Baloch journalist goes missing in Sweden

Published March 30, 2020
Sajid Hussain Baloch is the chief editor of online magazine Balochistan Times. — Photo courtesy Balochistan Times
Sajid Hussain Baloch is the chief editor of online magazine Balochistan Times. — Photo courtesy Balochistan Times

LAHORE: Friends and acquaintances of journalist Sajid Hussain Baloch are shocked to learn that he has been missing from Swedish city Uppsala for nearly a month without a trace.

The editorial board of an online magazine, Baloch­istan Times, of which Hus­sain was the chief editor, publicly shared the news on Saturday that he had been missing from the Swedish city of Uppsala since March 2 and that a formal case had been filed with the Swedish police on March 3.

“As of today (March 28), there is no clue about his whereabouts and well-being. The police have not shared any progress in the investigations with his family and friends,” read the press statement.

His brother Wajid Baloch told Dawn that they had waited out 14 days thinking that Sajid might have been stuck in quarantine somewhere, but they opted to break the silence after so many days had passed.

Hussain had left the country some eight years ago after receiving death threats.

His wife Shehnaz told Dawn that he had worked on the issue of enforced disappearances in Balochistan, but his report exposing a top drug lord Imam Bheel in 2012 led to some threats. He also sensed being followed, she said. “Then some people broke into his house in Quetta when he was out investigating a story. They took away his laptop and other papers too. After that he left Pakistan in Septem­ber 2012 and never came back,” said Shehnaz.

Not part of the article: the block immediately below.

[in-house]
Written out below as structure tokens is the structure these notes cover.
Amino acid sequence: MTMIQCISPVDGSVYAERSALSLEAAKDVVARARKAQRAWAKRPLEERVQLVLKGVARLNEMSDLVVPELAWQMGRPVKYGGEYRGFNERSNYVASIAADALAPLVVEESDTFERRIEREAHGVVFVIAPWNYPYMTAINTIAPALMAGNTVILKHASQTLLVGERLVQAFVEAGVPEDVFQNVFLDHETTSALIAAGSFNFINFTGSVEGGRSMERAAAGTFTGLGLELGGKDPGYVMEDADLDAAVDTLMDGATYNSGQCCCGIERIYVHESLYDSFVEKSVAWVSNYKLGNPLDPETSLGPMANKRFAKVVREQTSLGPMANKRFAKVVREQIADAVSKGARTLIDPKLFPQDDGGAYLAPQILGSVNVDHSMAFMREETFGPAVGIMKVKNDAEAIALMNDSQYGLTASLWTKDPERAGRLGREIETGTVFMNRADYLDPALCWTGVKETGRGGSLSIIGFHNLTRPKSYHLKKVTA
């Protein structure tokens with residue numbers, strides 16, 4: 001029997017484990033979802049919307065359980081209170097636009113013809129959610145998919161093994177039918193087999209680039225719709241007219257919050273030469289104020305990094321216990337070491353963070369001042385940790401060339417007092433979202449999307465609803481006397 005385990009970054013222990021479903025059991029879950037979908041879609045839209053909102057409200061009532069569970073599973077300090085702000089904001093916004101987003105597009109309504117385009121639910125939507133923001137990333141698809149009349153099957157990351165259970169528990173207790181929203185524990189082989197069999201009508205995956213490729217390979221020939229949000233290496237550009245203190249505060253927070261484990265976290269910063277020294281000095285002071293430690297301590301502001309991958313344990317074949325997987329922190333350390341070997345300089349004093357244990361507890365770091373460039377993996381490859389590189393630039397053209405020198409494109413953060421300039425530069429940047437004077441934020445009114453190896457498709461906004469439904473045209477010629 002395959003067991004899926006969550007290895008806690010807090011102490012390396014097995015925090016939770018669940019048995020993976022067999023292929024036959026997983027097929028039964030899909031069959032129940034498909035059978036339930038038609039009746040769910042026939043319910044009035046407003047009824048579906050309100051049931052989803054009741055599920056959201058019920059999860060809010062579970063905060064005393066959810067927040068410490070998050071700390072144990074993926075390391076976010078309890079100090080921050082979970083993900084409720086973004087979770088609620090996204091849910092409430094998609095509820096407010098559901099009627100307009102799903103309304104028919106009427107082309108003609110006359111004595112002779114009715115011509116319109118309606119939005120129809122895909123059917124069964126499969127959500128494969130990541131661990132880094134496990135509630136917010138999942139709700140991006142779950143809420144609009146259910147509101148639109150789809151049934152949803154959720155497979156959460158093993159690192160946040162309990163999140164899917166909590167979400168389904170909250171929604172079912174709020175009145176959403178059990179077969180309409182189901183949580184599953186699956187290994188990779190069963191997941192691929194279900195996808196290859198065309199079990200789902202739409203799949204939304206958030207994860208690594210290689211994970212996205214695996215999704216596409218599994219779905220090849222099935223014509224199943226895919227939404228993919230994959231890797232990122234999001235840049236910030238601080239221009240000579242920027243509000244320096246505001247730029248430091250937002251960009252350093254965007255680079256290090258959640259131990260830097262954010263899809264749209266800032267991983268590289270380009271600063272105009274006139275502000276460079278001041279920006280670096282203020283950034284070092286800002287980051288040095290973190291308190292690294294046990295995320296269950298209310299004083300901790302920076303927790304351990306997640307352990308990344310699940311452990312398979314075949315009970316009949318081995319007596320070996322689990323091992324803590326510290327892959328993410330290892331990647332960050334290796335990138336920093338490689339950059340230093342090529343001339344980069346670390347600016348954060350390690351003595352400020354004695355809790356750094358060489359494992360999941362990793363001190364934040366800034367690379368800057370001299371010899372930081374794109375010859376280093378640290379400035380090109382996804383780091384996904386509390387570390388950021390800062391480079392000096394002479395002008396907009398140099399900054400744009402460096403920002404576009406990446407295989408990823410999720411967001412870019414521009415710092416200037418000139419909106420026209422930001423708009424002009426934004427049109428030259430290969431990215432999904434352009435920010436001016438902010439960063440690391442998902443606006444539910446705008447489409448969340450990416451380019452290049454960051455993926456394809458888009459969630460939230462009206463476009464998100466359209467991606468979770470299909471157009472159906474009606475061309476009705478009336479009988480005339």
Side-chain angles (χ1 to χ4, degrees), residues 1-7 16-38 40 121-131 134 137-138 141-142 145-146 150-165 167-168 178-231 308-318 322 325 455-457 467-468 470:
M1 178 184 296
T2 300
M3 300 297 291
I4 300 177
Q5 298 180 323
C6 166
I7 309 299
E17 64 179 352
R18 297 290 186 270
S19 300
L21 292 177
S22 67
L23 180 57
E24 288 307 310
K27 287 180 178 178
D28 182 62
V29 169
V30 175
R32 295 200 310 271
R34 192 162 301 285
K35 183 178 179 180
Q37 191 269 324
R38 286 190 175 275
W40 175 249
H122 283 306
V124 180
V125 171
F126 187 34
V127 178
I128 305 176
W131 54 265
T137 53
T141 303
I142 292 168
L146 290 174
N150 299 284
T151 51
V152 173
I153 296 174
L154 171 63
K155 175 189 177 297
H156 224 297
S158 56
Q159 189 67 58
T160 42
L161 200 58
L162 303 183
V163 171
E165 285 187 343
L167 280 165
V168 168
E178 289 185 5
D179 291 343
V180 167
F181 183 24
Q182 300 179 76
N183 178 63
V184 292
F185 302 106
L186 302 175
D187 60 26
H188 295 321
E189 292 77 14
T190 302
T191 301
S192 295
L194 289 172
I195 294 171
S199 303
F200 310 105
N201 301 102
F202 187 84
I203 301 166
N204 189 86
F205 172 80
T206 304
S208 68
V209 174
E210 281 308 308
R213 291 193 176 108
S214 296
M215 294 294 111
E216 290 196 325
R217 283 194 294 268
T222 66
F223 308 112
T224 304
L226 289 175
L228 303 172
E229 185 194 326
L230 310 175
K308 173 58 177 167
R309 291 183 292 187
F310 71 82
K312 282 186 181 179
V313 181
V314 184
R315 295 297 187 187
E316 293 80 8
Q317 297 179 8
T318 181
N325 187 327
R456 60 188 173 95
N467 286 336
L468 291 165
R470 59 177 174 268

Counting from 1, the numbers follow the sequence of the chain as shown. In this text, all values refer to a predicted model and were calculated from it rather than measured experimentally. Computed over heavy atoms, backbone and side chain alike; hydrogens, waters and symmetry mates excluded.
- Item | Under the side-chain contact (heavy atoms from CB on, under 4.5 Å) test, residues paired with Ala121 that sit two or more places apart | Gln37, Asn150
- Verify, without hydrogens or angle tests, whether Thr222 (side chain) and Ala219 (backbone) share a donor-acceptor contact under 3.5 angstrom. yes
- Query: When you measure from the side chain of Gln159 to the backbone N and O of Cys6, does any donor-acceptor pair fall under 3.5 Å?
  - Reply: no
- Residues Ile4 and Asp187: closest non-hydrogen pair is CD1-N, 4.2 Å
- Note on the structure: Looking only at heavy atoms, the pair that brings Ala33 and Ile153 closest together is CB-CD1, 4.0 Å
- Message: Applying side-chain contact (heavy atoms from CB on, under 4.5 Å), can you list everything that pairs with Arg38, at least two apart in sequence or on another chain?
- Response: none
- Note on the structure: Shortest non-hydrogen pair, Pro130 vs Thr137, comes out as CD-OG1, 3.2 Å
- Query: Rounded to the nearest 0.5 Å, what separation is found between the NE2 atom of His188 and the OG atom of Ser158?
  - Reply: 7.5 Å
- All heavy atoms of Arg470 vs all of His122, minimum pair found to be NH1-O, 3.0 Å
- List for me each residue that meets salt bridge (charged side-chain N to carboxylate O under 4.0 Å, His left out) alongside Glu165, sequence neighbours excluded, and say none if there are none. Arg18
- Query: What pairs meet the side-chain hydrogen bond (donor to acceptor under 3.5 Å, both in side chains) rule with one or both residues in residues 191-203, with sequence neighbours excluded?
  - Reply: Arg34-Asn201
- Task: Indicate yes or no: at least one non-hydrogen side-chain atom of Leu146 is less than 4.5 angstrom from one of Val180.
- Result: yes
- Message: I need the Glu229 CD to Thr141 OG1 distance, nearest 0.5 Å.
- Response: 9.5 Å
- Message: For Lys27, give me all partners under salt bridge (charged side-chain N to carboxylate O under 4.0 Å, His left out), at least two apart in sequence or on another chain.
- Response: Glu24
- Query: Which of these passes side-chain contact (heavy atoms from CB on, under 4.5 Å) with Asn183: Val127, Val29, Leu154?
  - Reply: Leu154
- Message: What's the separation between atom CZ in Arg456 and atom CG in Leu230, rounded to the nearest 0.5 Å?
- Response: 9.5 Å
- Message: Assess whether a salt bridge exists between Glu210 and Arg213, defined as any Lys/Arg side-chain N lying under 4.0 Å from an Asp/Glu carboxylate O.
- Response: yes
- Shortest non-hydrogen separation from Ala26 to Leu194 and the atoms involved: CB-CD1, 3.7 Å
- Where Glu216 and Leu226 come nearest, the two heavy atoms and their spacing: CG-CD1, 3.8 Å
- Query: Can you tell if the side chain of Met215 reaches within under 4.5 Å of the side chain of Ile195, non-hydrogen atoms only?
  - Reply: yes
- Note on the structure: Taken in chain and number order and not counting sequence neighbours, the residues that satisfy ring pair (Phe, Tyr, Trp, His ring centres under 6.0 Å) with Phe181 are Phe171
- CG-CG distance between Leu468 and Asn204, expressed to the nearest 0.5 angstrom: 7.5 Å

Taj Baloch, a friend of Sajid’s in Sweden, said he had met him a day before his disappearance and everything seemed fine. The next day, his phone was off, and he would not return any calls. The last someone had heard from him was when he was in a hostel office, getting the key of his room and he said he would call back.

When they approached the Uppsala police, they were told that people often went into isolation and their privacy could not be broken. However, upon pushing the police and filing a case with Swedish NGO Missing People, a case was registered. Despite that, no evidence has come forth as yet.

The family does not know who is behind the disappearance but has expressed profound concern as to how a journalist could go missing in a country like Sweden that always advocates press freedom. “Still we believe that Swedish authorities will not deny us justice and we will surely be given an answer.”

Previously, Hussain had been desk editor at The News.

Published in Dawn, March 30th, 2020



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